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Ant. Where lies he?
Swell with the touches of those flower-soft hands, Cæs. About the mount Misenum.
That yarely frame the office. From the barge, Ant. What is his strength by land?
A strange invisible perfume hits the sense. Cæs. Great and increasing: but by sea Of the adjacent whärts. The city cast He is an absolute master.
5 Her people out upon her: and Antony, Ant. So is the fame.
Enhron'd i' the market-place, did sit alone, 'Would, we had spoke together! Haste we for't: Whistling to the air ; which, but for vacancy, Yet, ere we put ourselves in arms, dispatch we Had gone to gaze on Cleopatra too, The business we have talk'd of.
And made a gap in nature. Cæs. With most gladness;
10 Agr. Rare Egyptian ! And do invite you to my sister's view,
Eno. Upon her landing, Antony sent to her, Whither straight I will lead you.
Invited her to supper: she reply'd, Ant. Let us, Lepidus,
It should be better, he became her guest; Not lack your company:
Which she entreated: Our courteous Antony, Lep. Noble Antony,
15 Whom ne'er the word of no woman heard speak, Not sickness should detain me.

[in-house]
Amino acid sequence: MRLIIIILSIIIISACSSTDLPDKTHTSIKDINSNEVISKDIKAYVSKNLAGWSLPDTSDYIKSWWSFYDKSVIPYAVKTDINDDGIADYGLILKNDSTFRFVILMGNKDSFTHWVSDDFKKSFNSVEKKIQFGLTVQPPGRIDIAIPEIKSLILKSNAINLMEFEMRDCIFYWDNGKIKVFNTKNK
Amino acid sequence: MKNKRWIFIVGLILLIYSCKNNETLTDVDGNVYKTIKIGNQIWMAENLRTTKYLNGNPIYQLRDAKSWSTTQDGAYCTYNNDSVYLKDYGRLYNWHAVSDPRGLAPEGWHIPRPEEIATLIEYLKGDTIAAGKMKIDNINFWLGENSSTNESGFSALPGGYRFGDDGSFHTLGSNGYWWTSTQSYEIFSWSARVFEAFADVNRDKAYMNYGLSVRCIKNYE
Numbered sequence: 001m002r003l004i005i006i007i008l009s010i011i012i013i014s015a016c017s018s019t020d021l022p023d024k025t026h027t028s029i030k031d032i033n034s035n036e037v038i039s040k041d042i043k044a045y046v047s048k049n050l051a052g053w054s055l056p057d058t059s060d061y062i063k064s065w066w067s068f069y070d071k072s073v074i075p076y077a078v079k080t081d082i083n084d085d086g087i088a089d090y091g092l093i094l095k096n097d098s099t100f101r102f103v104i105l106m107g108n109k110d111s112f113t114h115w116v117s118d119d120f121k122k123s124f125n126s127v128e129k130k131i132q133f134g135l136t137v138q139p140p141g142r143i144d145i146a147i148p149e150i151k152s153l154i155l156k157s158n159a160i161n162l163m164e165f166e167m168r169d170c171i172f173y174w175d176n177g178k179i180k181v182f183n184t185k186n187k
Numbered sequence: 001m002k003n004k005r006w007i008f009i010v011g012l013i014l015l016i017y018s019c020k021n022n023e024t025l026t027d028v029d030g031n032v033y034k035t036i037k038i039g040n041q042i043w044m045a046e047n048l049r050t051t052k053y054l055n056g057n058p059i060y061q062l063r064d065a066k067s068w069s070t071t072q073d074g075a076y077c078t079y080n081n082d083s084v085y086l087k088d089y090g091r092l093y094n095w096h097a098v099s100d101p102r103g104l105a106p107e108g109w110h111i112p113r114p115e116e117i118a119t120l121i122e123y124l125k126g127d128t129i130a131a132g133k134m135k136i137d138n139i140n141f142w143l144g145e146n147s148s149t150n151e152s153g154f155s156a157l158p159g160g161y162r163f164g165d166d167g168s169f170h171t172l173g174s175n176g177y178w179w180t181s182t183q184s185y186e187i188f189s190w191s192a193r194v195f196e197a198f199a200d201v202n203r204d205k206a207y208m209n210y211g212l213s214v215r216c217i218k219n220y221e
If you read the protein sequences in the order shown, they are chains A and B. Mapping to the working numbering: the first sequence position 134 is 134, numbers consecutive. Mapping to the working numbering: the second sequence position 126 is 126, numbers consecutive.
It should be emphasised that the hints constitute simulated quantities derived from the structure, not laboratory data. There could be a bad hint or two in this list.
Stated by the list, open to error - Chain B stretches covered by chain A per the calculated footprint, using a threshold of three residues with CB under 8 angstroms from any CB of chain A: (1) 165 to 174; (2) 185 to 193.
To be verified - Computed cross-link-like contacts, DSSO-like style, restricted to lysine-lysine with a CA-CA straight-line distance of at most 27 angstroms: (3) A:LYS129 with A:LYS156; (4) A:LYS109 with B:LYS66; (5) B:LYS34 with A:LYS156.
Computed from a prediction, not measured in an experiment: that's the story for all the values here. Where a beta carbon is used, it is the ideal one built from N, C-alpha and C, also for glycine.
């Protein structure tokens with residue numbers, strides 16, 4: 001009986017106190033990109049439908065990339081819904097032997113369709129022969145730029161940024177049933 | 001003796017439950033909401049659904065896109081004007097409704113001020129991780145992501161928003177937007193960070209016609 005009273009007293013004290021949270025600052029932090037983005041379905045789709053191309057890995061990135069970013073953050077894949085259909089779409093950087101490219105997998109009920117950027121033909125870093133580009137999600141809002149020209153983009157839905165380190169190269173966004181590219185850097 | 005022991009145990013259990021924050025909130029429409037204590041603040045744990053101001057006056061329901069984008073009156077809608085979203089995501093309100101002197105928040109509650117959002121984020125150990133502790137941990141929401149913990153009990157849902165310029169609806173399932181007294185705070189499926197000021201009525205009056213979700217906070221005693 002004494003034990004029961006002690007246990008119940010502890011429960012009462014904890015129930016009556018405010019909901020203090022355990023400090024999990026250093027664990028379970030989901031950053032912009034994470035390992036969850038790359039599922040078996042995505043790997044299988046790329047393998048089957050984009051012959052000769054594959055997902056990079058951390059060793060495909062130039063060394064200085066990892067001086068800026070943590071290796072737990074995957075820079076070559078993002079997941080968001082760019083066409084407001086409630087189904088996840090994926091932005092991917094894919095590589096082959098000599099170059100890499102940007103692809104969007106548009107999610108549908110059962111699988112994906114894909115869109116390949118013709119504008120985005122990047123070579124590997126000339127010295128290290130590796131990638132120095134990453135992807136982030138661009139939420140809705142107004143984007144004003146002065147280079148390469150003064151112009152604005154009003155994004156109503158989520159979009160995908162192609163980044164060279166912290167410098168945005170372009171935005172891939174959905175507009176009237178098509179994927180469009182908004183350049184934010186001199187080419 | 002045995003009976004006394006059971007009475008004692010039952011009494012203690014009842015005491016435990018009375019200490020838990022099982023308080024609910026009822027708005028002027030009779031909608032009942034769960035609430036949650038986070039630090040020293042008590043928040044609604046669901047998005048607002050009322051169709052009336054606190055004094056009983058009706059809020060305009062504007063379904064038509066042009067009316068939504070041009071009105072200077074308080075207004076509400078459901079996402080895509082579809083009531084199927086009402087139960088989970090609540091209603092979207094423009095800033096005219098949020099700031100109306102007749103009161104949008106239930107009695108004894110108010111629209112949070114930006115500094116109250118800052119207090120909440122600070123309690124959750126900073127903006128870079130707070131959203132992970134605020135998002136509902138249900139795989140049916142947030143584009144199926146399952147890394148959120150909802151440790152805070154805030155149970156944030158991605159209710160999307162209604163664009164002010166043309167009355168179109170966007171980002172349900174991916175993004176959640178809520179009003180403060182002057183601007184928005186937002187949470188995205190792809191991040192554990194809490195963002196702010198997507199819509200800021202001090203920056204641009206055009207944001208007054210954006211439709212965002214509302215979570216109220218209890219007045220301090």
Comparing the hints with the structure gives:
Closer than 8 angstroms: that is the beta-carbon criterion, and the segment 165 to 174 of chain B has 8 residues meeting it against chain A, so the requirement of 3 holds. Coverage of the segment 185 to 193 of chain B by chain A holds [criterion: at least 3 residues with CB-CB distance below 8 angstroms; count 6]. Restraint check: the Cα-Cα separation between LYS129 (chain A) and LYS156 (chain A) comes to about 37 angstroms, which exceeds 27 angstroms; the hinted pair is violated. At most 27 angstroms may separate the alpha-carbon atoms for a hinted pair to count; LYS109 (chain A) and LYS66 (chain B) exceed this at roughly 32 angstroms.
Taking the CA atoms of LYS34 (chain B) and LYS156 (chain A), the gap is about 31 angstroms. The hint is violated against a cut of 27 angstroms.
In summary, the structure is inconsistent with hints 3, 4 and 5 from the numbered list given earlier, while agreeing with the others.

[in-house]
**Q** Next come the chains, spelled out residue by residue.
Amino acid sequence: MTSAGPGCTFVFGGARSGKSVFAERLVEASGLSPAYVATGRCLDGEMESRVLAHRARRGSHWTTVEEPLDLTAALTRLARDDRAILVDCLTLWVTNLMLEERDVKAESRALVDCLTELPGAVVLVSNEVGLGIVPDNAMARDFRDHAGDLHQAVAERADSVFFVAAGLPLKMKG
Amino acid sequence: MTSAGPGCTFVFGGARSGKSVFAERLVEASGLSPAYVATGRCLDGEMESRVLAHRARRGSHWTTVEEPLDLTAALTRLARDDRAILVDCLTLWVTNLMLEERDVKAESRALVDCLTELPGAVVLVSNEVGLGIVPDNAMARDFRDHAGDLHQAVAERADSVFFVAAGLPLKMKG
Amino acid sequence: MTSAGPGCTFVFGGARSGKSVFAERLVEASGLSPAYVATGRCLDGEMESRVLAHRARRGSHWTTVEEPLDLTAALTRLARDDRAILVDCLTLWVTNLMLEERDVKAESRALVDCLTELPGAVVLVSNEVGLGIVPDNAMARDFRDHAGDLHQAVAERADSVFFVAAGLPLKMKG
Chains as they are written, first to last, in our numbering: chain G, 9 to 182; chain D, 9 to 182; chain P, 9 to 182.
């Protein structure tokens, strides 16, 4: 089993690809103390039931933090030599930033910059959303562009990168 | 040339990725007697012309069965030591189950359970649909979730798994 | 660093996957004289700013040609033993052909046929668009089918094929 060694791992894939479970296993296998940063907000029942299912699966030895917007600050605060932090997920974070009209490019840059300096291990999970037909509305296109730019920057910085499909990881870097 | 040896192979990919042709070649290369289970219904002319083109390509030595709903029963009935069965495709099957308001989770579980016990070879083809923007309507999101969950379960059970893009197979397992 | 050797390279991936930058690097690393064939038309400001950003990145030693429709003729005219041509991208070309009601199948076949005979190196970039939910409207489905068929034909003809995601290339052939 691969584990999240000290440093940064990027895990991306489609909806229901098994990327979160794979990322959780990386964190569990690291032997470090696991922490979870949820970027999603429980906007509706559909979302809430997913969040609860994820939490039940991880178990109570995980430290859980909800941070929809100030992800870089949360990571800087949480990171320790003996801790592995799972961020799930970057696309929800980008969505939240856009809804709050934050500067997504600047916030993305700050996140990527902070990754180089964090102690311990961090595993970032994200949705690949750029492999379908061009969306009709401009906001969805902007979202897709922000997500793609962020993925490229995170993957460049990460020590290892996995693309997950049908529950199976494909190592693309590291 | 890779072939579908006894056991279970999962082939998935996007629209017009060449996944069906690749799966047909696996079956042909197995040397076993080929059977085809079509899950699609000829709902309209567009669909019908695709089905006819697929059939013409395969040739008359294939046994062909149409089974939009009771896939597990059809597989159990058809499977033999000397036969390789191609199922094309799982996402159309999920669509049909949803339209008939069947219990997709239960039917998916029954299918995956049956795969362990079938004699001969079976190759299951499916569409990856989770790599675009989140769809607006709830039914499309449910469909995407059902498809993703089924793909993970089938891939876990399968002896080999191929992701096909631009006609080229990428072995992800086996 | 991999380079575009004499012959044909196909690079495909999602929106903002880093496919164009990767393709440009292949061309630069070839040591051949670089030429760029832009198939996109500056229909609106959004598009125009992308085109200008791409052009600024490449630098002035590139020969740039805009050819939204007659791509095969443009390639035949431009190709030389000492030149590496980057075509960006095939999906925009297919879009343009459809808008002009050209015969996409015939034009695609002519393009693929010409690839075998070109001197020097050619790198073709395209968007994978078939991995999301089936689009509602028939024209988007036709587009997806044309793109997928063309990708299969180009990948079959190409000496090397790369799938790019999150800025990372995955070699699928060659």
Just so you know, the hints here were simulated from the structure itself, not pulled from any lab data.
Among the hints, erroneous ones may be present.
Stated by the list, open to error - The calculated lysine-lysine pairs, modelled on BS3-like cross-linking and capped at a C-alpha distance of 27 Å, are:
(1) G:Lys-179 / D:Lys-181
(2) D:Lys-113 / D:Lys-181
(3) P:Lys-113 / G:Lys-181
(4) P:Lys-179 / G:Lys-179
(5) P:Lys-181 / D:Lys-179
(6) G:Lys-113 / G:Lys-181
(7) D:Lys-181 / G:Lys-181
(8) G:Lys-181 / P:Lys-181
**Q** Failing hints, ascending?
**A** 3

Being barber'd ten times o'er, goes to the tcast;
For u hat his eyes eat only.
20 She made great Cæsar lay his sword to bed; Agr. Good Enobarbus!
He plongh'd her, and she cropt. Mec. We have cause to be glad, that matters are Eno. I saw her once so well digested. You staid well by it in Ægypt. Lop forty paces through the publick street:
Eno. Ay, sir; we did sleep day out of counte And having lost her breath, she spoke,and panted, nance, and made the night light with drinking: 25That she did make.defect, perfection,
Mec. Eight wild boars roasted wholeat a break And, breathless, power breathe forth. fast, and but twelve persons there;- Is this true? Mec. Now Antony must leave her utterly.
Eno. This was but as a fly by an eagle: we had Eno. Never; he will not : much more monstrous matter of feast, which Age cannot wither her, nor custom stale worthily deserved noting.
130 Her infinite variety: Other women cloy. Mec. She's a most triumphant lady, if report The appetites they feed; but she makes hungry, be square to her.
Where most she satisfies. For vilest things Eno. When she first met Mark Antony, she Become themselves in her; that the holy priests purs'd up his heart, upon the river of Cydnus. Bless her, when she is riggish '.
Agr. There she appear'd indeed; or my reporter 35 Mec. If beauty, wisdom, modesty, can settle Devis'd well íor her.
The heart of Antony, Octavia is Eno. I will tell you:
A blessed lottery to him. The barge she sat in, like a burnish'd throne, Agr. Let us go.Burnt on the water: the poop was beaten gold; Good Enobarbus, make yourself my guest,' Purple the sails, and so perfuin'd, that
40 Whilst you abide here. The winds were love-sick with them: the oars Eno, Humbly, sir, I thank you. [E.reunt. were silver;
S'C EN E 'III. Which to the tune of flutes kept stroke, and made Enter Cæsar, Antony, Octavia between them; Ab The water, which they beat, to follow faster,